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Tutorials : Oct 15, 2013 ( )
Sample-Prep Automation in NGS
Employing Liquid-Handling Automation For Faster and More Reliable Results!--h2>
In the next three years, the number of next-generation sequencing (NGS) samples processed will more than double. The NGS protocol will need to be industrialized, which will require identifying and eliminating bias and errors in assays. Major productivity gains, including reducing systematic bias, can occur by improving sample handling during sample preparation. All of the major technology platforms rely on ligation of DNA fragments during sample prep. This step is a major contributor to system-wide bias.
Three primary types of errors lead to bias: systematic, genome coverage, and batch processing effects. Depending on your sequencing platform, the genome content in your sample and data may be susceptible. Systemic bias is the most difficult to identify and therefore the most difficult to correct. It is pernicious because it can remain regardless of the genome coverage and platform.
Low-quality chemistry and poor liquid handling may exacerbate errors but can be minimized.
Chemistry is the main culprit behind erroneous base calls. Sequencing reactions are quite precise; minute variations in reagent volumes, flow, and temperature can lead to base substitution errors or an incomplete sequence extension. Because all technology platforms use adapters, base substitution or incomplete sequence extension can also mean fragment loss in the library. Eliminating these errors is vital when using an amplification-based protocol, as they are magnified during each cycle.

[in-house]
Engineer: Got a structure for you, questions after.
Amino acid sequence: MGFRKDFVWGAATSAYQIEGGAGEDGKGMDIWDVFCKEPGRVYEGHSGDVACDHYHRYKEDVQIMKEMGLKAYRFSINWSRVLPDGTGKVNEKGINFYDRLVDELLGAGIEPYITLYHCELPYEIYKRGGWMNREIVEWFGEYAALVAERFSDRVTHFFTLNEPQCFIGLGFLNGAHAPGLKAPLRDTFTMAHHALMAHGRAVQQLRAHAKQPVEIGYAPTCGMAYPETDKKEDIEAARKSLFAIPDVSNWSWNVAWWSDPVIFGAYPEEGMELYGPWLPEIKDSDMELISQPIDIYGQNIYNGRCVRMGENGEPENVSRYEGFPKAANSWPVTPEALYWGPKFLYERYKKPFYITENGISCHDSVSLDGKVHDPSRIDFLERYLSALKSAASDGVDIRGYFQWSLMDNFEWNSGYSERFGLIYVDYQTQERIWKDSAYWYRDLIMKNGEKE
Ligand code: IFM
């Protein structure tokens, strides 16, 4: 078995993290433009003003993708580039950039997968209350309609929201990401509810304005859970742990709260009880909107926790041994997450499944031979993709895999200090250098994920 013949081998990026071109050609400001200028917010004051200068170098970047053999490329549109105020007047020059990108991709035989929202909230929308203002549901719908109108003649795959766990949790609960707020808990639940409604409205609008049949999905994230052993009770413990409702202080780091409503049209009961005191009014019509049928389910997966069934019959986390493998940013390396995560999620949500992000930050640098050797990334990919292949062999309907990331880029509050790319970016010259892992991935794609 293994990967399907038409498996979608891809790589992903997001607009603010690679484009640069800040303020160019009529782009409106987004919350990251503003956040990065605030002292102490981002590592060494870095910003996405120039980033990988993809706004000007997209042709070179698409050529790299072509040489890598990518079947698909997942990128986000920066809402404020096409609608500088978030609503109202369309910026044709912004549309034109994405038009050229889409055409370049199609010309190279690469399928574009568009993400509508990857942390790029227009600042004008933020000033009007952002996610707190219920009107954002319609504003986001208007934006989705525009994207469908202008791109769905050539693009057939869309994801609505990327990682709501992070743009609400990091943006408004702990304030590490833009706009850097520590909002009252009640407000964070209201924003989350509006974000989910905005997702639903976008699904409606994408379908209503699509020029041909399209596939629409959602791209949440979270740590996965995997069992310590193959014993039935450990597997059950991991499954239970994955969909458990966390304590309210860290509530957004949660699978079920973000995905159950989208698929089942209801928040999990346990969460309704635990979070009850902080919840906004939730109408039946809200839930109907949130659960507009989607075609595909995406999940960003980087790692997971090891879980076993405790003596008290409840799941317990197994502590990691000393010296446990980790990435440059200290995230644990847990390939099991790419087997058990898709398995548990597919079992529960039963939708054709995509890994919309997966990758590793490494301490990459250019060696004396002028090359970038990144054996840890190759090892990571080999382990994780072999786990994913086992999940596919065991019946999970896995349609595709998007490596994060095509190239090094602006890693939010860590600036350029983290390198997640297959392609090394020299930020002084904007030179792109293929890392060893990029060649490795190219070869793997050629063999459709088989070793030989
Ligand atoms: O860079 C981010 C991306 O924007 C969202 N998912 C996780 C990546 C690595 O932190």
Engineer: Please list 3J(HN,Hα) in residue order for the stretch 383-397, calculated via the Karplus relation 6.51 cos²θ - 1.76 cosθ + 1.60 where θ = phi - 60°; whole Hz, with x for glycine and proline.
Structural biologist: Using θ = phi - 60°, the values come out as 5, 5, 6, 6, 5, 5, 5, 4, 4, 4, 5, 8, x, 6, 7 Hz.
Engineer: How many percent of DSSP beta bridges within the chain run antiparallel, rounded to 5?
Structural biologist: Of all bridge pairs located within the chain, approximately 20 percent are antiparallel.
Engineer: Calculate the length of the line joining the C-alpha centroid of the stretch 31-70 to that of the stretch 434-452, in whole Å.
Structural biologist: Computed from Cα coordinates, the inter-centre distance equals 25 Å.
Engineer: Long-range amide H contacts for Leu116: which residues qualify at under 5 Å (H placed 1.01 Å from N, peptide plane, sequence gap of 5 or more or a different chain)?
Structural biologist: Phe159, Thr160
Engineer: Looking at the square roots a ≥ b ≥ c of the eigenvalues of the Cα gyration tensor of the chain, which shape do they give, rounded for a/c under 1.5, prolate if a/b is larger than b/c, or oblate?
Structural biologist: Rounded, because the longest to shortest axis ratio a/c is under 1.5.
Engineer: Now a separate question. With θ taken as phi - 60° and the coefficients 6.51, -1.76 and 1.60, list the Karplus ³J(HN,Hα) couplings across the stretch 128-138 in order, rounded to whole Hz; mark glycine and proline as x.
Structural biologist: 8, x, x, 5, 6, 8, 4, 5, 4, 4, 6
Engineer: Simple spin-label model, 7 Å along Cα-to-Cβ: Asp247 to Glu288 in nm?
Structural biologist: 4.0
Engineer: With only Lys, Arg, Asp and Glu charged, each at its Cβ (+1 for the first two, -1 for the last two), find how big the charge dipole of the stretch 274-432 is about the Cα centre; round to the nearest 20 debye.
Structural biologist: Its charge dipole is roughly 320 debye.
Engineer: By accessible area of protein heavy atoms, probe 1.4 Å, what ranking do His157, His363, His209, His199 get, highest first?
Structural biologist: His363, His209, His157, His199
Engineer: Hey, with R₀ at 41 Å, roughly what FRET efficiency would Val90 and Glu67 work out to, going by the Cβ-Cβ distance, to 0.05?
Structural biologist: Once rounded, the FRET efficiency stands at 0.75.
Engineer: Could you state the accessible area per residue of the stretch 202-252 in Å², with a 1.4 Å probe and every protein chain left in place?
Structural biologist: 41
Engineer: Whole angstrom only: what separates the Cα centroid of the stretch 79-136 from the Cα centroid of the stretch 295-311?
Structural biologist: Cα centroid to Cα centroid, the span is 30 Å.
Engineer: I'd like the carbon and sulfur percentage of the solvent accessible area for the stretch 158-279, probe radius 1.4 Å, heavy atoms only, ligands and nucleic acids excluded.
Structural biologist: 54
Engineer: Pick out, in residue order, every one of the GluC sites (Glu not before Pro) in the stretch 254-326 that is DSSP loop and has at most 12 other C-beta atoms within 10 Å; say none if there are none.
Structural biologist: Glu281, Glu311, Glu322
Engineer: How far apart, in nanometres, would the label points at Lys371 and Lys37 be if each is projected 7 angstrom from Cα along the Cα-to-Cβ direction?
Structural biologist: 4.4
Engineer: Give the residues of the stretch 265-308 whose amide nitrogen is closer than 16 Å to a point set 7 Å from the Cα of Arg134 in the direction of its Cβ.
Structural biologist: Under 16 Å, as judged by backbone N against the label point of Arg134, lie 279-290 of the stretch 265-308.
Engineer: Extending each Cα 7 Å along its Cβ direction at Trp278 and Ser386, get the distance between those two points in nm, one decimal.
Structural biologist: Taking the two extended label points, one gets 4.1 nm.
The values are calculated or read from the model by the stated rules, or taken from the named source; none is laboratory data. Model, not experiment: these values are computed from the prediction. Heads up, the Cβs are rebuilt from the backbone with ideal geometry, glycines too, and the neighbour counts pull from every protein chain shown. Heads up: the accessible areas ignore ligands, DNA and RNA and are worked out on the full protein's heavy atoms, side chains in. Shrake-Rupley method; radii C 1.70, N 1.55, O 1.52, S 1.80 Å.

One way to minimize bias is to improve sample preparation and handling. Target enrichment, library preparation, and library amplification are key steps that are especially susceptible to introducing bias. At each step of enzymatically modifying DNA into genomic DNA (gDNA), the fragment diversity can be compromised. At the sample prep and quality control (QC) stages, input DNA can be twice the mass needed to run in the sequencing machine; in the final library, only a small fraction of the original sample is still present.
Platform evaluation studies have demonstrated systematic bias unique to each manufacturer’s system. Many recent studies have given attention to correcting bias resulting from amplification in GC-rich regions. These studies did not find ways to predict bias, but they did characterize it by platform. A study by the Sanger Institute noted that sequences generated by the Ion Torrent, MiSeq, and PacBIO RS II platforms all perform “at a near-perfect level” for accurately identifying GC-rich regions.
Calling the opposite strand, AT rich regions, was more challenging. When using platforms dependent upon PCR amplification, researchers had challenges calling neutral and moderately rich AT regions.
Systematic bias can also occur in the post-processing stage during mapping and alignment. Comparing benchtop sequencers, a study by the Centre for Systems Biology in Birmingham, U.K., documented bias in calling insertions and deletions (indels).
The root cause is yet to be found whether the bias resulted from sequencing and chemistry or if it was generated during data filtering and variant calling.
Limiting Exposure to Bias by Adopting Automation